“I feel very privileged to be here, but I shouldn’t feel that way. I should be able to feel comfortable and this shouldn’t be a privilege. It should be a norm,” said Inês Mália Sarmento, a young mental health advocate from Portugal, in her address to participants on the first day of Mental Health Week in Athens, Greece.
Mental Health Week, a joint initiative of WHO/Europe, through its Quality of Care Office in Athens, and the Government of Greece, was a special 3-day series of events from 3–5 November, meant to raise awareness about mental health of children and youth in Greece and across the WHO European Region.
Inês was one of over 200 youth advocates and service users who joined experts and policy-makers at the event to demand equal partnership in shaping mental health policies and services, and to create mental health systems that are inclusive and devoid of stigma and discrimination.
An open platform for reforming mental health services
Held at the Stavros Niarchos Foundation Cultural Center in Athens, Mental Health Week engaged mental health service users and their families from many European countries, together with Greek ministers, mental health experts and Greek Olympic athletes, in a technical workshop, high-level meeting, and numerous arts and cultural activities.
Expectations for the event were high. “The series of events will provide us with an opportunity to discuss the current situation of mental health of children and adolescents and how we can ensure universal access to mental health services for young people in Europe,” said Zoe Rapti, Deputy Minister of Health of Greece.
Among the arts and cultural activities were yoga classes, a sailing course, a marketplace where service users of Greek mental health services sold food and handmade soap, and a concert featuring local musicians Monsieur Minimal and Andriana Babali and a disk jockey (DJ) set from Pepper FM. The concert was opened by Olympic champion Nikolaos Kaklamanakis and Paralympic champion Dimitris Karypidis.
The goals of these events were to increase well-being and raise awareness of the stigma of mental health conditions, which has a substantial impact on many across the Region.
“I hid from society for 21 years out of shame for having a person with a mental health condition in my family. This had to change. No one, no family, should hide because of a mental illness,” said Katerina Nomidou, a mental health advocate from Greece.
Leaders are increasingly recognizing the need to improve mental health systems, especially in the face of crises, such as the COVID-19 pandemic, the war in Ukraine and a cost-of-living crisis, which “continue to add pressure on people’s lives and their mental well-being,” said Dr Hans Henri P. Kluge, WHO Regional Director for Europe, who joined the event live on the second day.
Young people have been especially affected, with the global prevalence of depression and anxiety disorders almost doubling since the pandemic began. There is an acute need to improve the quality of child and adolescent mental health services across the Region, making them not only more accessible but better suited to the unique needs and preferences of this age group.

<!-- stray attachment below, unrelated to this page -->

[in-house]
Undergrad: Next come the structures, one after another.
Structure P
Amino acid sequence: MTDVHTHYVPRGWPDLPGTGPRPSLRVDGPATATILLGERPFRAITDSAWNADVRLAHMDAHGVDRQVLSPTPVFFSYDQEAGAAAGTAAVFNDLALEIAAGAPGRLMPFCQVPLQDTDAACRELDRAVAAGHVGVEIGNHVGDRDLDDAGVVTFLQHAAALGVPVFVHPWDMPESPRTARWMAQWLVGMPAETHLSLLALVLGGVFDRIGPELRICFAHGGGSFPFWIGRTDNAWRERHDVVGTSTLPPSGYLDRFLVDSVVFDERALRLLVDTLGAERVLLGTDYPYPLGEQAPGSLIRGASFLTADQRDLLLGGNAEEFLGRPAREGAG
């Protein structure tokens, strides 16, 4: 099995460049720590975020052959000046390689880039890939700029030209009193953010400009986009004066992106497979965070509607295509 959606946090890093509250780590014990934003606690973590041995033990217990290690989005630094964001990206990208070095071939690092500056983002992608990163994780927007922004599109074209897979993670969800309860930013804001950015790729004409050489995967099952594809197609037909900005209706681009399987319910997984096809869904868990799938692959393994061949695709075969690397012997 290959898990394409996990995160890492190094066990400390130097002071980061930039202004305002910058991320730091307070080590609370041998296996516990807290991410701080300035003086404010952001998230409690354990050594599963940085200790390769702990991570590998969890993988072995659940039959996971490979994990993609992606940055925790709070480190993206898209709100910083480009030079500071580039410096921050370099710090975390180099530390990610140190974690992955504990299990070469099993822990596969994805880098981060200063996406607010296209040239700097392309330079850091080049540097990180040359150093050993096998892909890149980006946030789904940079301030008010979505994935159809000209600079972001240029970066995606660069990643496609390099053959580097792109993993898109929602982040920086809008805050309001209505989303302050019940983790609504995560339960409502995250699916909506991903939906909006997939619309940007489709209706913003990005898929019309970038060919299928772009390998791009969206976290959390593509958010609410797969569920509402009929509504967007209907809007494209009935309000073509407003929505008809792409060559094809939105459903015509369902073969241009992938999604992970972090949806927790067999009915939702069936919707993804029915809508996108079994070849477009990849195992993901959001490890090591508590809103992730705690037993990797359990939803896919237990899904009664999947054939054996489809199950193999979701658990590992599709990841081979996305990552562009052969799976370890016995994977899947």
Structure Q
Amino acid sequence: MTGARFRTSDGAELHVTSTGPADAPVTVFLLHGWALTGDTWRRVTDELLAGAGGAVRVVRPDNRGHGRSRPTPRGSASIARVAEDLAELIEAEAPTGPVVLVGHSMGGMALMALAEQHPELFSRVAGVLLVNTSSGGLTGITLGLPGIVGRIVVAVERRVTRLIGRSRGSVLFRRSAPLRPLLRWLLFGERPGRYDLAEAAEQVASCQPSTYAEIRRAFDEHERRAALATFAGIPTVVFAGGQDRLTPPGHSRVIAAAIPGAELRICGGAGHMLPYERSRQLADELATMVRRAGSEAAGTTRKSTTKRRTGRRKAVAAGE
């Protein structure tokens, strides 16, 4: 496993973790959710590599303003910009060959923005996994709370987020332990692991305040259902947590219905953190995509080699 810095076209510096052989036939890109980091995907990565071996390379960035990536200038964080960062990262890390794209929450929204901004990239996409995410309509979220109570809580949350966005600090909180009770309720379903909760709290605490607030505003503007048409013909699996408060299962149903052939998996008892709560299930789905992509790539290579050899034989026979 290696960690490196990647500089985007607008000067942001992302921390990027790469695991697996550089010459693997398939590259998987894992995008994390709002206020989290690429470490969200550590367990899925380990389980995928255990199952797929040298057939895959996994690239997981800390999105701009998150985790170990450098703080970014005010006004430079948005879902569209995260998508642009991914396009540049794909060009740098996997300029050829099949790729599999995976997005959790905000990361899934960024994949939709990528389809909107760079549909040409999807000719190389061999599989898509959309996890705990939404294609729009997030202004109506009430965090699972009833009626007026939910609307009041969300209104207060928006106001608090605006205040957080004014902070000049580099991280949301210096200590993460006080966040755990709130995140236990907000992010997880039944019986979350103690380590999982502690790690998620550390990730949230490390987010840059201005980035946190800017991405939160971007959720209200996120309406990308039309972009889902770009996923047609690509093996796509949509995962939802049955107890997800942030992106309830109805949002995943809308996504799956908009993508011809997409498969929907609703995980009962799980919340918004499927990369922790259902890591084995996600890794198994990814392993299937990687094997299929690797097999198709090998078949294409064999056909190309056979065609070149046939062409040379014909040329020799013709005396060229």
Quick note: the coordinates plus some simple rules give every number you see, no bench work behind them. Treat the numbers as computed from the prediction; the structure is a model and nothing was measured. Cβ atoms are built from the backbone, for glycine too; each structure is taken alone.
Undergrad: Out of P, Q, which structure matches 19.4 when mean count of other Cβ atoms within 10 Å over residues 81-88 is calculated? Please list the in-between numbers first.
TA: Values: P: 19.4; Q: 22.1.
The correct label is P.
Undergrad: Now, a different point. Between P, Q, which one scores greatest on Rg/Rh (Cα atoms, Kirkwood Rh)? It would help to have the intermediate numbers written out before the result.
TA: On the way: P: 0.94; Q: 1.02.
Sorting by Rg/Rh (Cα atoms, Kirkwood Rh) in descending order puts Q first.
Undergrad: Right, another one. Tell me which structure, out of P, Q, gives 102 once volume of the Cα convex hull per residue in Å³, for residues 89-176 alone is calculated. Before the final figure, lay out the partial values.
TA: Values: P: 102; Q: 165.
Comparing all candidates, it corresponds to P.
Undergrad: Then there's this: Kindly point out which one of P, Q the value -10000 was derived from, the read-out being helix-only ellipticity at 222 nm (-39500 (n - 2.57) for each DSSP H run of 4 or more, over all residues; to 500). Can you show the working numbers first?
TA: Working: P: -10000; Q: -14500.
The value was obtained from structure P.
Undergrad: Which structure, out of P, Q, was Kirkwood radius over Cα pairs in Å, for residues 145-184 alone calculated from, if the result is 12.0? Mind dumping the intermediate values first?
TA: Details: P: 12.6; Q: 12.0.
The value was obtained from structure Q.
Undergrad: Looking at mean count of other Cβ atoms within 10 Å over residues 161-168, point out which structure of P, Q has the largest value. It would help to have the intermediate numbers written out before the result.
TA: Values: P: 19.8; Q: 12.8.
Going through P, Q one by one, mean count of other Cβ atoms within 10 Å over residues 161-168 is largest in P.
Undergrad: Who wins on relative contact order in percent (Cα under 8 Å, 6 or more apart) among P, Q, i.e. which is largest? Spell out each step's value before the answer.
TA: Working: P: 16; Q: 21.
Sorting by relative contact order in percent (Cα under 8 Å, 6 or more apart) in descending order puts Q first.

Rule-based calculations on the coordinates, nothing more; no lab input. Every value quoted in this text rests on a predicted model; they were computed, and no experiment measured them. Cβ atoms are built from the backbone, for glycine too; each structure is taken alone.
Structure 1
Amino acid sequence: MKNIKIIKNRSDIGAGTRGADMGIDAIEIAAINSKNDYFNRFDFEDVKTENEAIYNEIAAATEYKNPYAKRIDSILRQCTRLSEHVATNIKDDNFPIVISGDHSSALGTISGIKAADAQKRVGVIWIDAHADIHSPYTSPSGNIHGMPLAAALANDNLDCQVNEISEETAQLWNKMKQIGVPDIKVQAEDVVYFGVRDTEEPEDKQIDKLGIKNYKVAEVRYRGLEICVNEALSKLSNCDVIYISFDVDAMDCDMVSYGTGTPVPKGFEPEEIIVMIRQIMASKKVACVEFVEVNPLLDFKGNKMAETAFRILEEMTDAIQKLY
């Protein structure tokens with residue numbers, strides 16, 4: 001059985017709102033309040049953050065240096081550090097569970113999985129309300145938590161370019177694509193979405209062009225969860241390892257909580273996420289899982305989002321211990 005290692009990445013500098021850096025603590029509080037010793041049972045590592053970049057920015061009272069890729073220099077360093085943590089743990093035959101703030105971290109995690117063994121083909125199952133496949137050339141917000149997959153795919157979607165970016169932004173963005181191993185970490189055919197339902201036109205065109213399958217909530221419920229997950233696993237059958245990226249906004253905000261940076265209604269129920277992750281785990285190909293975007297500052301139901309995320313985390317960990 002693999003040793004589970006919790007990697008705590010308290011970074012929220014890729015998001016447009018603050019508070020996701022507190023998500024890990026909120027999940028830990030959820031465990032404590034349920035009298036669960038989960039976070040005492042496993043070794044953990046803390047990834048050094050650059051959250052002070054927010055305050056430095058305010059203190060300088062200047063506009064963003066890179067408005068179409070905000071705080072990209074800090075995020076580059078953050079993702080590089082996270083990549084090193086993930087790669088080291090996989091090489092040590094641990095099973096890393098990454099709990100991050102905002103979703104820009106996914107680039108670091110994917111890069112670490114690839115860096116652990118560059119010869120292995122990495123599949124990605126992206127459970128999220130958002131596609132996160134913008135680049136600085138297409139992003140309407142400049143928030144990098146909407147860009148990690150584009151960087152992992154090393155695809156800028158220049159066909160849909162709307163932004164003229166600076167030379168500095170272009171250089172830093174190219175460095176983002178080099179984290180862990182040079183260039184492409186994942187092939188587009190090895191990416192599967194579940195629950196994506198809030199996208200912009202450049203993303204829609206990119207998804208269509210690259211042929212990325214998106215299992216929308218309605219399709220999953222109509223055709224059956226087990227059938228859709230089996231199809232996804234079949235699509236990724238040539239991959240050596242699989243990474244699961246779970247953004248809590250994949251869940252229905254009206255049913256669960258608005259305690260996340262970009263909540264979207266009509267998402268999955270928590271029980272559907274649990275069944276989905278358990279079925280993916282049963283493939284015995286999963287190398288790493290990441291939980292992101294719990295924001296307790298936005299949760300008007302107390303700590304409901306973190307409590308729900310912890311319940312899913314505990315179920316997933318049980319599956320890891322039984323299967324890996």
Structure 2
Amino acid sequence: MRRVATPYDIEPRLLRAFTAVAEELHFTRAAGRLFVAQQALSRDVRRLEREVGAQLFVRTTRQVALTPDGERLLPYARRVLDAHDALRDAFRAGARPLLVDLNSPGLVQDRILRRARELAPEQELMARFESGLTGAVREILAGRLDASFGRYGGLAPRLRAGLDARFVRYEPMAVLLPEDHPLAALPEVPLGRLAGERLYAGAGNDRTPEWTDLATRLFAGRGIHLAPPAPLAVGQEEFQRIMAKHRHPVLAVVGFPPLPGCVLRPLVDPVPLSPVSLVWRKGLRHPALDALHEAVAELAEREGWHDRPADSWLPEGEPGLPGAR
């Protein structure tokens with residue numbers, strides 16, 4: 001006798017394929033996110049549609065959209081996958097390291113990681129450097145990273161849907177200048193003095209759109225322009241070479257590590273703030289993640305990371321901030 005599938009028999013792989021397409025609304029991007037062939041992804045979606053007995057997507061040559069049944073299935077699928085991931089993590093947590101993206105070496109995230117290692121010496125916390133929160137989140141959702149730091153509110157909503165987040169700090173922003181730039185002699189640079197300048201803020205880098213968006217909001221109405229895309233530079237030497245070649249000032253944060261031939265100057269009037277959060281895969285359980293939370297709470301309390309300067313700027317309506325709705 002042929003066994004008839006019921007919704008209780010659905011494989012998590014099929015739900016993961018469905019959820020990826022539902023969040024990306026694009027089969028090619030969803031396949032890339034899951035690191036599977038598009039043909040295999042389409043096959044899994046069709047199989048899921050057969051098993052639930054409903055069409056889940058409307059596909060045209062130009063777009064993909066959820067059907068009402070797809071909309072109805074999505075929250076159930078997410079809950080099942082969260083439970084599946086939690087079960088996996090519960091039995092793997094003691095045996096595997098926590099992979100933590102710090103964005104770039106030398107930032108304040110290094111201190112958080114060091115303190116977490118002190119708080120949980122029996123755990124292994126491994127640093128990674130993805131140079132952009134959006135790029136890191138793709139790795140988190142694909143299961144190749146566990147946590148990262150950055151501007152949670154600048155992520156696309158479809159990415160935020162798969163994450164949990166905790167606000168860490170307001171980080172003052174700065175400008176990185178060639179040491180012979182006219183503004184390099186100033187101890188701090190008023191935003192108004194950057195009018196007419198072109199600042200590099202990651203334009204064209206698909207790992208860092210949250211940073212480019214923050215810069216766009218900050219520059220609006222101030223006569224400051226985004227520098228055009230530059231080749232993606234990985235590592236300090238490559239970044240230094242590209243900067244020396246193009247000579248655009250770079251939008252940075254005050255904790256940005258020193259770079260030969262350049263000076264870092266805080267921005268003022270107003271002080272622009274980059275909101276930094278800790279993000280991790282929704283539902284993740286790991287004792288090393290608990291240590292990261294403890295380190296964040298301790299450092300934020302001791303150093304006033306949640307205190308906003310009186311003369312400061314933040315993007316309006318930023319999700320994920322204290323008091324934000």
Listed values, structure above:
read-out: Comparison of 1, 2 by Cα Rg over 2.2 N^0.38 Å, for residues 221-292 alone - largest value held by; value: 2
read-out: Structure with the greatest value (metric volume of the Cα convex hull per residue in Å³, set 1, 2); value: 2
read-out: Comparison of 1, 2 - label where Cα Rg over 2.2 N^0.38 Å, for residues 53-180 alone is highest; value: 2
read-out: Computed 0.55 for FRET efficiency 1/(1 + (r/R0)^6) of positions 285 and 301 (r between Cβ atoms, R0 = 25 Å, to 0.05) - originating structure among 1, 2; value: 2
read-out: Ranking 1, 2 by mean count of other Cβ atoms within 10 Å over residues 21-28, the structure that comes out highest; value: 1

For that reason, Dr Kluge added, Mental Health Week was timely and important. “In line with our Pan-European Mental Health Coalition and our European Program of Work, and building on the Mental Health Summit we hosted together with our Greek partners back in July 2021, this event is part of an ongoing course of action that wants to create a world where young people can prosper,” he said. “For generations to come.”
Strengthening youth participation and the importance of lived experience
The first day of the events was dedicated to continuing the work of the Pan-European Mental Health Coalition, including a dedicated session for young people to discuss what good quality mental health services would look like in their particular contexts.
The young people were not shy in noting that they and those living with mental health conditions are often left out of this conversation. While people with lived experience of mental health conditions are increasingly involved in shaping mental health services and policies, participation is rarely prolonged and often lacks compensation.
“Lived experiences should be at the center of all efforts. If it’s without us, then it’s not for us,” said Fatima Awil, a Policy and Knowledge Officer from Mental Health Europe with expertise in youth engagement.
“We are our own experts. We do a lot. I think young people do so much for their mental health, we are more aware than any other generation, but we can’t do it alone,” emphasized Anna Bailey, a PhD researcher and member of the Pan-European Mental Health Coalition.
WHO/Europe is taking their words to heart, aiming to scale up youth engagement across all areas of health system reform and create spaces for young people to have their voices heard, such as at the Youth4Health Forum in Tirana held this past October.
The Pan-European Mental Health Coalition is another one of these spaces, and WHO/Europe encourages young people to join. Many young people who attended Mental Health Week have already done so, seeking a space where their voices will have real impact.